Many studies have been done on the “affluent millennial” demographic in recent years, and with good cause. Millennials are the largest demographic segment in the U.S. today, and 15.1 million of them are considered affluent. They represent a large chunk of buying power, and many companies are courting for their favor.
While the exact cutoff on what constitutes a millennial (versus Generation X and Generation Z) varies, it’s safe to say that a millennial is anyone who came into adulthood around the turn of the millennium. Their birth years range from about 1981 and 1996 or so.
Defining affluence is even more subjective. Some define affluence by investable assets ($100,000 or more) and some by household income ($132,000 or more). In either case, affluent millennials are well off compared with their peers.
Affluent millennials have a much different financial outlook than the previous generation, and even from their non-affluent peers. Take a look at what the stats reveal about the habits, preferences, and choices of affluent millennials.
Their Investment Portfolios Look Like Their Parents’
Despite having more to invest than their non-affluent counterparts, affluent millennials are rather conservative when it comes to investing. In fact, many of their investing choices mirror that of Generation X—their aging parents’ generation.
Affluent millennials are about as likely to utilize conservative financial products like bonds, high-yield savings accounts, CDs, and annuities as their Gen X counterparts, despite the fact that they have decades more for their investments to grow. Millennials are also 10% less likely to own stocks.
Many experts agree this tendency toward conservative investing is due the fact that millennials came of age during the Great Recession. Watching the stock market and housing prices plummet in their formative years has steered many affluent away from the greater risk—as well as the greater rewards—of more aggressive investment vehicles.
They are Weighed Down by Debt
A high percentage of millennials carry debt (88%), even though nearly as many (86%) consider being debt free as a hallmark of financial success. Mortgage, credit cards, student loans, and auto loans are the most common forms of debt for affluent millennials.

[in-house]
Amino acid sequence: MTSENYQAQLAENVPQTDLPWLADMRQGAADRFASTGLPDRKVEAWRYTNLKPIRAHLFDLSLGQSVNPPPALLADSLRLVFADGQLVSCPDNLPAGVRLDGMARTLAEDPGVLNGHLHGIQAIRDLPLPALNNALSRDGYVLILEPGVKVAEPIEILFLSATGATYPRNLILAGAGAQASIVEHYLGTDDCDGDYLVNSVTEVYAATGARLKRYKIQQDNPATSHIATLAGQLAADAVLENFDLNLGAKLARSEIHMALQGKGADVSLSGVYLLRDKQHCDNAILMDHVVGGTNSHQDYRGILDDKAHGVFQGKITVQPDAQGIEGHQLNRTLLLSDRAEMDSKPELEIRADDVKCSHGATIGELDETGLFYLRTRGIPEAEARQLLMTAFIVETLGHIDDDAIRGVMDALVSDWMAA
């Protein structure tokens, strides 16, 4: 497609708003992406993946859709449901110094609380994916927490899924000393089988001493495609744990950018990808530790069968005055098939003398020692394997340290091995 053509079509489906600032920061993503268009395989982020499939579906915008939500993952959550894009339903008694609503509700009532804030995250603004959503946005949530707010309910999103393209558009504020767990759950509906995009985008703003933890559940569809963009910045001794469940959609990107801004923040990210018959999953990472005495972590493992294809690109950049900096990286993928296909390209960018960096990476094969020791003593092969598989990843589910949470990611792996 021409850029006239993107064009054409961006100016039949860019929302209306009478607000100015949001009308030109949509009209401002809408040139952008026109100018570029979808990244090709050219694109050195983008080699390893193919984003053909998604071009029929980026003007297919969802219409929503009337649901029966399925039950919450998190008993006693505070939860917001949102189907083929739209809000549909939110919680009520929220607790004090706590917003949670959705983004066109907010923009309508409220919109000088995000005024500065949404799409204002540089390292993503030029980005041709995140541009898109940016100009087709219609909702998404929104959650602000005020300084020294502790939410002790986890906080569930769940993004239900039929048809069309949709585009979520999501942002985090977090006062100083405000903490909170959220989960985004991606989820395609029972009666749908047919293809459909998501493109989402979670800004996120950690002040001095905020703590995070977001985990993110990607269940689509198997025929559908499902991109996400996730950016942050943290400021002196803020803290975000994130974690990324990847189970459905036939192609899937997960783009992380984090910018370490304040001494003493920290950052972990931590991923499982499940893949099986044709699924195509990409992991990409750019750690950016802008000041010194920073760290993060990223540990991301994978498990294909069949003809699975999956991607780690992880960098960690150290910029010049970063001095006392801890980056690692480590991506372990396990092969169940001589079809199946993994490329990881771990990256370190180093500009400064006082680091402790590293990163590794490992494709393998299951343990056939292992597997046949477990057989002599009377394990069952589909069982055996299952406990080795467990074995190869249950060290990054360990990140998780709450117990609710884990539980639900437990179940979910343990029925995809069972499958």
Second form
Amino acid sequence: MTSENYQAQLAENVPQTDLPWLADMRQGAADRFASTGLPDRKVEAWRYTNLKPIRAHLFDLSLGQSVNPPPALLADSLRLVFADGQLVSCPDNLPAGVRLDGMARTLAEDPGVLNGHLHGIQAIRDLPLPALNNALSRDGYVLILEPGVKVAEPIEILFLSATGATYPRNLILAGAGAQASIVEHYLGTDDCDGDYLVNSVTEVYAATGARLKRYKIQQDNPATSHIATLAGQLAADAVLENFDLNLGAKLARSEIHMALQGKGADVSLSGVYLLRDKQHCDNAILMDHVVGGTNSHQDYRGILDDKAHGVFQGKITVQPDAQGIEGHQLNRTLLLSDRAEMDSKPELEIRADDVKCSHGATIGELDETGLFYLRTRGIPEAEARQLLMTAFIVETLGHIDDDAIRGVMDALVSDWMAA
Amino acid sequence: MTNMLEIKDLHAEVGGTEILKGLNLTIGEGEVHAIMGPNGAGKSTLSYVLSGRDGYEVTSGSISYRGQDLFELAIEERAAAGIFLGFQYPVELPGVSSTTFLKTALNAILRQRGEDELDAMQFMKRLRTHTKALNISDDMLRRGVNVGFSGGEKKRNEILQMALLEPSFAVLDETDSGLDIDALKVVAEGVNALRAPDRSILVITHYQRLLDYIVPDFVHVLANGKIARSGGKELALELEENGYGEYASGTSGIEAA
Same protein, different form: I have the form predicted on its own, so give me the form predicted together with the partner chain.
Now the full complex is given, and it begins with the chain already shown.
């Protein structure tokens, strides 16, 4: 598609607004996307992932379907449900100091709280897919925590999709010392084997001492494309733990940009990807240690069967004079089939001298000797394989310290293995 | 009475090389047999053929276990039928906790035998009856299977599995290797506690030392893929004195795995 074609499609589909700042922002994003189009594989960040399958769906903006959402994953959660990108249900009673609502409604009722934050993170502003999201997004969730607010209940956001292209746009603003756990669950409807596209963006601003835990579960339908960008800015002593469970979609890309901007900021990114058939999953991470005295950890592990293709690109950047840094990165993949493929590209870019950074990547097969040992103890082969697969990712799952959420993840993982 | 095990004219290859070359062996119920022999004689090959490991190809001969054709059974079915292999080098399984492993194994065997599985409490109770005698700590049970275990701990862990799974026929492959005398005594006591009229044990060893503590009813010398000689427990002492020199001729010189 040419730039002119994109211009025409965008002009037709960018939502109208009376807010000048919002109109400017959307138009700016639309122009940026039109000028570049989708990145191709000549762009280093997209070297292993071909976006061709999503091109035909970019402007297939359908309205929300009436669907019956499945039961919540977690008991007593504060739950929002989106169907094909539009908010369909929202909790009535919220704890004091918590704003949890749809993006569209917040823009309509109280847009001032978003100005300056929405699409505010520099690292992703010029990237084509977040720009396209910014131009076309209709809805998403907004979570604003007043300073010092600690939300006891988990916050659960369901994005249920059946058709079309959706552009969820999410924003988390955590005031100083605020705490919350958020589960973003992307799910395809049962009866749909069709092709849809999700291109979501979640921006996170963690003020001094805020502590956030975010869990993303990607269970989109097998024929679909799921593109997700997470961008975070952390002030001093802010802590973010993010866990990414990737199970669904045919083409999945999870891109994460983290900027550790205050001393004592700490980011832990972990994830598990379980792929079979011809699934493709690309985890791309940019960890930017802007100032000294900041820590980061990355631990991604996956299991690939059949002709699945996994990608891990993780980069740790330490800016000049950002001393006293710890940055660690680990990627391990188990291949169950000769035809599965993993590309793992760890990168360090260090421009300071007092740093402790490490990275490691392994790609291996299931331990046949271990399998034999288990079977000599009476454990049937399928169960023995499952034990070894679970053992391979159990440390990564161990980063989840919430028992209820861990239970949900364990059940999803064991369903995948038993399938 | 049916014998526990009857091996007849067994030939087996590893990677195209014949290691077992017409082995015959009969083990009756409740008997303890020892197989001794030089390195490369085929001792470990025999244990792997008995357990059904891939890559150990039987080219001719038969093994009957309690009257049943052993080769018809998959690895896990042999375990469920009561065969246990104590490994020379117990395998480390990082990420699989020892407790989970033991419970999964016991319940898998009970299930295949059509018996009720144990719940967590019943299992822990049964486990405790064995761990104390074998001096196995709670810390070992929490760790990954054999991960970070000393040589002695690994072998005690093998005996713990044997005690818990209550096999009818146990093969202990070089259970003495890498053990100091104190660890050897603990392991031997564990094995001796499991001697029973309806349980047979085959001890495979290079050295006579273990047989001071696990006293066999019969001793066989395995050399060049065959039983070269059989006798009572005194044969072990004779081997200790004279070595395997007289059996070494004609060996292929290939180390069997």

It seems that affluent millennials are getting comfortable with the idea of debt. About a third believe they won’t be able to rid themselves of debt—even in retirement.
In another survey, affluent millennials prioritized living comfortably and feeling financially secure over paying down debt. They see debt as a way of life, and not necessarily an inhibitor to other financial goals.
They Have High Hopes and Goals
Despite the burden of debt and skittishness about investing, affluent millennials are optimistic. Eighty-one percent believe they will be more financially successful than their parents were.
Additionally, affluent millennials have high aspirations. They are more likely than affluent Gen Xers to have a goal of starting a business, creating a charitable foundation, or owning a second home. They are further along in reaching their life goals (like owning a home, completing an education, starting a family, etc.) than their non-affluent peers.
Their wealthy status likely comes from affluent millennials’ high value of financial success. Behind family and health,
financial wealth was the next-highest priority. As the saying goes, “What you think about, you bring about.”
They are Savers
Affluent millennials place a high value on saving for rainy days. After all, they saw quite a few of them in 2007-2009.
They are also more likely than their non-affluent peers to have a retirement savings account. Of affluent millennials, three out of five have an IRA, compared with only one in four of non-affluent millennials.
A Unique Generation
The stereotype of the selfie-snapping, lazy, noncommittal millennial is pervasive, but for affluent millennials, the data simply doesn’t back it up.
(Okay, maybe we’ll concede on the selfie-snapping part.)
As digital natives, millennials are accepting of new and disruptive technologies, but retain a healthy dose of skepticism based on their life experiences. They are savers, and they are protective of their savings—even at the expense of other goals like financial growth or paying off debt.
As a group, affluent millennials definitely have obstacles to overcome, but many are making good progress on their financial journeys.